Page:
At the close of this brilliant scene, Scott received a mark of homage to his genius which delighted him not less than Laird Nippy's reverence for the Sheriff's Knoll, and the Sheffield cutler's dear acquisition of his signature on a visiting ticket. Missing his carriage, he had to return home on fout from Westminster, after the banquet—that is to say, between two or three o'clock in the morning ;— when he and a young gentleman his companion found themselves locked in the crowd, somewhere near Whitehall, and the bustle and tumult were such that his friend was afraid some accident might happen to the lame limb. A space for the dignitaries was kept clear at that point by the Scots Greys. Sir Walter addressed a serjeant of this celebrated regiment, begging to be allowed to pass by him into the open ground in the middle of the street. The man answered shortly that his orders were strict — that the thing was impossible. While he was endeavouring to persuade the serjeant to relent, some new wave of turbulence approached from behind, and his young companion exclaimed in a loud voice, “ Take care, Sir Walter Scott, take care!* The stalwart dragoon, on hearing the name, saik, * What! Sir Walter Scott? He shall get through anyhow!" He then addressed the soldiers near him_* Make room, men, for Sir Walter Scott, our illustrious countryman!" The men answered, * Sir Walter Scott—God bless him!” — and he was in a moment within the guarded line of safety.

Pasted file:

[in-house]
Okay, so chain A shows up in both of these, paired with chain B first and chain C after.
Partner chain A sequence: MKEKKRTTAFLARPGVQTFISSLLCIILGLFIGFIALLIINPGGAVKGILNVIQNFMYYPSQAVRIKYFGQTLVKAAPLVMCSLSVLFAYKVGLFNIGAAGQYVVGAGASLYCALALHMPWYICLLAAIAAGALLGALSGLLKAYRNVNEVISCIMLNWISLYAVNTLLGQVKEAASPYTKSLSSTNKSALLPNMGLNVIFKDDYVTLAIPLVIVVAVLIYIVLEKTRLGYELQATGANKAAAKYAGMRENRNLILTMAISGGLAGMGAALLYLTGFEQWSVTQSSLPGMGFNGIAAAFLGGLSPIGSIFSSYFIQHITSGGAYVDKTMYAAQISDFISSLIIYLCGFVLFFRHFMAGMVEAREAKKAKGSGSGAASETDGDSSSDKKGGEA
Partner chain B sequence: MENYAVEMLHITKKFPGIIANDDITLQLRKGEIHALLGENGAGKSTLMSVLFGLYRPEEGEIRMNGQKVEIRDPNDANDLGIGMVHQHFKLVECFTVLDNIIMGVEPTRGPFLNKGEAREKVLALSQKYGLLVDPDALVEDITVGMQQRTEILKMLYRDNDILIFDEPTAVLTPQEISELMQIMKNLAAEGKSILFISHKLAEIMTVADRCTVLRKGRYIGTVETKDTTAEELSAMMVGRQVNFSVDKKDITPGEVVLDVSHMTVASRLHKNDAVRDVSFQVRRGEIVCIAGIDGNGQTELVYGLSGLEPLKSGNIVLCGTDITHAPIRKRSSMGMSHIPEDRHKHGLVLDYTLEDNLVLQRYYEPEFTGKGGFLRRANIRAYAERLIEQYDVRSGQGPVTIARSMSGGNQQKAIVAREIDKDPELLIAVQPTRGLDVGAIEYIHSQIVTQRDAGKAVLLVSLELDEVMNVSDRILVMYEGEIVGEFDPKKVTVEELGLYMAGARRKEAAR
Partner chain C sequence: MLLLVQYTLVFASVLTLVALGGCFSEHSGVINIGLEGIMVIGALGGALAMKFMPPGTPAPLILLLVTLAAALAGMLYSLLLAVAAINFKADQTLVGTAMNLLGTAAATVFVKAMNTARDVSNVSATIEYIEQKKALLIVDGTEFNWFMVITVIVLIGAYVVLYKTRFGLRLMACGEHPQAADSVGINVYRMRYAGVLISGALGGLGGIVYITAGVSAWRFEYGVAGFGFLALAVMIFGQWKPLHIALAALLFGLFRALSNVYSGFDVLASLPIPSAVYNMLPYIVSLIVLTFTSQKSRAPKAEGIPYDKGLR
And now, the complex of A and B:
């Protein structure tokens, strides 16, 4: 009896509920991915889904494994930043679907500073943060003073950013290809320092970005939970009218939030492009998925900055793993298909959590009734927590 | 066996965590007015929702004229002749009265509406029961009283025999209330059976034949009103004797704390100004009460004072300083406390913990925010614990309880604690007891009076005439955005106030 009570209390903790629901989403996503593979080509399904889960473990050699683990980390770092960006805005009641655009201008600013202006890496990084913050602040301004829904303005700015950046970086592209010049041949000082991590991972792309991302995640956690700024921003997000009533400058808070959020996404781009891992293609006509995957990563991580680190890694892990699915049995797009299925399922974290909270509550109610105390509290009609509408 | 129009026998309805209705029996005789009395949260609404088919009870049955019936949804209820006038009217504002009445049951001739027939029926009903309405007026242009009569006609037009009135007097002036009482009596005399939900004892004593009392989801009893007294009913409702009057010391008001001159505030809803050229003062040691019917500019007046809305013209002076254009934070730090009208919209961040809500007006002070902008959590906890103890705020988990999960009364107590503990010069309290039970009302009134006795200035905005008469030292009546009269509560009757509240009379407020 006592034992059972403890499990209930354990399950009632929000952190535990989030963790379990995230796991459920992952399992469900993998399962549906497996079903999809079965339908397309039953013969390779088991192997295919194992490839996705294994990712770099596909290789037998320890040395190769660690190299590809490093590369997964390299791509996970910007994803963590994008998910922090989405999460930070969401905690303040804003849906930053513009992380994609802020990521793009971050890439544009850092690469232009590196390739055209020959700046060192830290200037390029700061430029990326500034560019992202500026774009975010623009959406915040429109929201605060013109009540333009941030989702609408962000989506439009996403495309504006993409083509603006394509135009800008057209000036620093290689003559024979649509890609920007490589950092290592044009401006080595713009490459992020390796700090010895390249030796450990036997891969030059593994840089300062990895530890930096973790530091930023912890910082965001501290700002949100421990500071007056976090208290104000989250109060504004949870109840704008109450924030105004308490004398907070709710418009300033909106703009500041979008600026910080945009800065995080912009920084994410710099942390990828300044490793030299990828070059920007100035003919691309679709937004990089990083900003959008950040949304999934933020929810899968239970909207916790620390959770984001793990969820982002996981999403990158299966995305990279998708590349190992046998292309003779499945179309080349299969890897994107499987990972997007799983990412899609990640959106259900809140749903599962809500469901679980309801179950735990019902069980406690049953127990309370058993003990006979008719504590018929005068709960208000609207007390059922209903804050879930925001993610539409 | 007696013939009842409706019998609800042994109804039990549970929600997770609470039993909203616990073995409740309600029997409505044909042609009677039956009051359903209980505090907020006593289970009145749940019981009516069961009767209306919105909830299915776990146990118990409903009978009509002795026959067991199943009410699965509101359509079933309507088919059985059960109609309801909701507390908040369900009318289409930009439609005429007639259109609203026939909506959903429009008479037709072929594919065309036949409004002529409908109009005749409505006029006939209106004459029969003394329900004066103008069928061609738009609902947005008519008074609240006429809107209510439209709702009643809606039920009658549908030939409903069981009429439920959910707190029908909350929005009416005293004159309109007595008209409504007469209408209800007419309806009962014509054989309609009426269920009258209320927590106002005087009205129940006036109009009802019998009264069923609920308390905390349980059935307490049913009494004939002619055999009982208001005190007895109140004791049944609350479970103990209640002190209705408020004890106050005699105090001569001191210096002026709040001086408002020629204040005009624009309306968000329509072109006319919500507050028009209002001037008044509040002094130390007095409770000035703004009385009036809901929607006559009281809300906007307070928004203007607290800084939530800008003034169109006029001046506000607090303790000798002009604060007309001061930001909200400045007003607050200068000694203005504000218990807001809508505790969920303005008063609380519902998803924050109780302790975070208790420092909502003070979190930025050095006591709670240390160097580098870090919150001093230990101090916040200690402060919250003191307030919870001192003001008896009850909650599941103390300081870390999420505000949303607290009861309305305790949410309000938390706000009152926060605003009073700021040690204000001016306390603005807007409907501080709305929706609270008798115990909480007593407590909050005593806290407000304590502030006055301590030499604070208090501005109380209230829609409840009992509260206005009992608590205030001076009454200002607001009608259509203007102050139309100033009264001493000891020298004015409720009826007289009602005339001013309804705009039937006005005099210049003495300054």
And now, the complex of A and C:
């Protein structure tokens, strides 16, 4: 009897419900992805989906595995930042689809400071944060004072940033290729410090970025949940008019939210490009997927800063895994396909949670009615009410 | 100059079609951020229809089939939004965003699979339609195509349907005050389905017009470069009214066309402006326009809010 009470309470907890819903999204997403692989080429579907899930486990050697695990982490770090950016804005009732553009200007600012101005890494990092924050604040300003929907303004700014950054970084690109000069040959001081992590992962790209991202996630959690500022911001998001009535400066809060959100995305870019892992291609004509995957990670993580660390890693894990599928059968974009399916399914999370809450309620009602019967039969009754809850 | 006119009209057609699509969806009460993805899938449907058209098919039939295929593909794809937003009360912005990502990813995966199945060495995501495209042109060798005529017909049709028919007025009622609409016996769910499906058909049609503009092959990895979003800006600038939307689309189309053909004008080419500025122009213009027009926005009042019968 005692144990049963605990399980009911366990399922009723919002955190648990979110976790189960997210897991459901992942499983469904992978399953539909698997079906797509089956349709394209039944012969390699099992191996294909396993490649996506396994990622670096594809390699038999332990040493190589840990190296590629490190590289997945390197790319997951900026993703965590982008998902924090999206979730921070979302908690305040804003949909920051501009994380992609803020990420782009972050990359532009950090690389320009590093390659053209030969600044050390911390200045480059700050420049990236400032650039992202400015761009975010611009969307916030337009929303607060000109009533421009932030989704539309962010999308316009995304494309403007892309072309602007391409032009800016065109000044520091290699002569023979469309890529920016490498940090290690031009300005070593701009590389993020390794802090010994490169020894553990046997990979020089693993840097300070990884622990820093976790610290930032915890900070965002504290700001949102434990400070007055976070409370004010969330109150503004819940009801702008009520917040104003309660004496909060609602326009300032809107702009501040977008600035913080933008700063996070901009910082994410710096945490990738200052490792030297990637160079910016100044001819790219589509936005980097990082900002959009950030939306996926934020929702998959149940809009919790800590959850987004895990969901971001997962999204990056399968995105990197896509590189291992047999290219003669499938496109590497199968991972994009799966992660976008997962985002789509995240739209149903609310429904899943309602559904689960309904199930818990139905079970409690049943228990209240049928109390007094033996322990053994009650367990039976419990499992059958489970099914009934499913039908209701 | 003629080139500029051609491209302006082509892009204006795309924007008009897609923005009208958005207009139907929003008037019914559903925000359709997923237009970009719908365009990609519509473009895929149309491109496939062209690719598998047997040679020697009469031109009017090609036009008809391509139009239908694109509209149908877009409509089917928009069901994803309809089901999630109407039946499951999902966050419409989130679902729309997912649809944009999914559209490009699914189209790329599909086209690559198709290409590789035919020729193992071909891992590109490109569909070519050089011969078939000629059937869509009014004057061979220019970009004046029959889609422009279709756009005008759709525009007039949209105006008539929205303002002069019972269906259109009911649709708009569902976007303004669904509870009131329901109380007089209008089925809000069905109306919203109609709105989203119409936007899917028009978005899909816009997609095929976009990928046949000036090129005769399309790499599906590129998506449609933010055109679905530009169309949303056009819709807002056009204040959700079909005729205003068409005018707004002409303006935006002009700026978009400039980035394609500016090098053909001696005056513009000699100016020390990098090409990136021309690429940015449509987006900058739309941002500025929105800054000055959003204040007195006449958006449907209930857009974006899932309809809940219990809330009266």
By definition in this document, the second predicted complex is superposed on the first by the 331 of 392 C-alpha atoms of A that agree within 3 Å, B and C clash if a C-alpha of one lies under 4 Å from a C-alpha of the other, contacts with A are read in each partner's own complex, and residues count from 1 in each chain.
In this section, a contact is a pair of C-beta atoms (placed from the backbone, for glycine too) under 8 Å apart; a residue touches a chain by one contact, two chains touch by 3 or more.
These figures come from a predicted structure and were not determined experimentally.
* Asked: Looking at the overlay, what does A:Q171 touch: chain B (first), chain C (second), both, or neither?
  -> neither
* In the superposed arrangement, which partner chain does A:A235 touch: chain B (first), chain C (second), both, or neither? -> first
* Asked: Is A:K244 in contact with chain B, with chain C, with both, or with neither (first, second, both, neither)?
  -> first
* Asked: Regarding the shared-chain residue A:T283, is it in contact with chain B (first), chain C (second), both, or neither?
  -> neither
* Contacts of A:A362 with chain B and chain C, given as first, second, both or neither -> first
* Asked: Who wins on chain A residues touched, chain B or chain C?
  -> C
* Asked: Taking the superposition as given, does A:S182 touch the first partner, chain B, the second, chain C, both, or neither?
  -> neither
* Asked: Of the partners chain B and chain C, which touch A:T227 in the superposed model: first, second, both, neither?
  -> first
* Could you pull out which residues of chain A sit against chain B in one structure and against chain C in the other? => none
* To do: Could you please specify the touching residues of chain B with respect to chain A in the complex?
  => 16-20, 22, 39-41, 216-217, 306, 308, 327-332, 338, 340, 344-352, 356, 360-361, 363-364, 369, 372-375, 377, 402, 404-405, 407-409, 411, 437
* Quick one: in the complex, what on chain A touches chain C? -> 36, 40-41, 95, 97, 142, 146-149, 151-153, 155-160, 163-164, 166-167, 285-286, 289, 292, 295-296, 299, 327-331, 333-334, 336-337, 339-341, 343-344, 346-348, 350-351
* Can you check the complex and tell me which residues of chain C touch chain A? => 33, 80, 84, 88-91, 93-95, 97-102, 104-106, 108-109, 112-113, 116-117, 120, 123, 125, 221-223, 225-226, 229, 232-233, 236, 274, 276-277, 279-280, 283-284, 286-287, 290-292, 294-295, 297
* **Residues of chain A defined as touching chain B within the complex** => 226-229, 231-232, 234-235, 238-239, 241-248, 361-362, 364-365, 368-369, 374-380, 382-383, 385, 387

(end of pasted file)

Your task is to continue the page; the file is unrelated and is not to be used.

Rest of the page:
I shall now take another extract from the memoranda, with which I have been favoured by my friend Allan Cunningham. After the particulars formerly quoted about Scott's sitting to Chantrey in the spring of 1820, he proceeds as follows:

“ I saw Sir Walter again, when he attended the coronation, in 1821. In the meantime his bust had been wrought in marble, and the sculptor desired to take the advantage of his visit to communicate such touches of expression or lineament as the new material rendered necessary. This was done with a happiness of eye and hand almost magical: for five hours did the poet sit, or stand, or walk, while Chantrey's chisel was passed again and again over the marble, adding something at every touch.

"• Well, Allan,' he said, when he saw me at this last sitting, were you at the coronation? it was a splendid sight. • No, Sir Walter,' I answered, — • places were dear and ill to get: I am told it was a magnificent scene: but having seen the procession of King Crispin at Dumfries, I was satisfied. I said this with a smile: Scott took it as I meant it, and laughed heartily. “That's not a bit better than Hogg,' he said. "He stood balancing the matter whether to go to the coronation or the fair of Saint Boswell — and the fair carried it.

“ During this conversation, Mr Bolton the engineer came in. Something like a cold acknowledgment passed between the poet and him. On his passing into an inner room, Scott said, “I am afraid Mr Bolton has not forgot a little passage that once took place between us. We met in a public company, and in reply to the remark of some one, he said, “. That's like the old saying, -in every corner of the world you will find a Scot, a rat, and a Newcastle grindstone.” This touched my Scotch spirit, and I said, “ Mr Bolton, you should have added — and a Brummagem button.There was a laugh at this, and Mr Bolton replied, “ We make something better in Birmingham than buttons—we make steamengines, sir.”

6. I like Bolton,' thus continued Sir Walter; "he is a brave man, and who can dislike the brave?He showed this on a remarkable occasion. He had engaged to coin for some foreign prince a large quantity of gold. This was found out by some desperadoes, who resolved to rob the premises, and as a preliminary step tried to bribe the porter. The porter

« ElőzőTovább »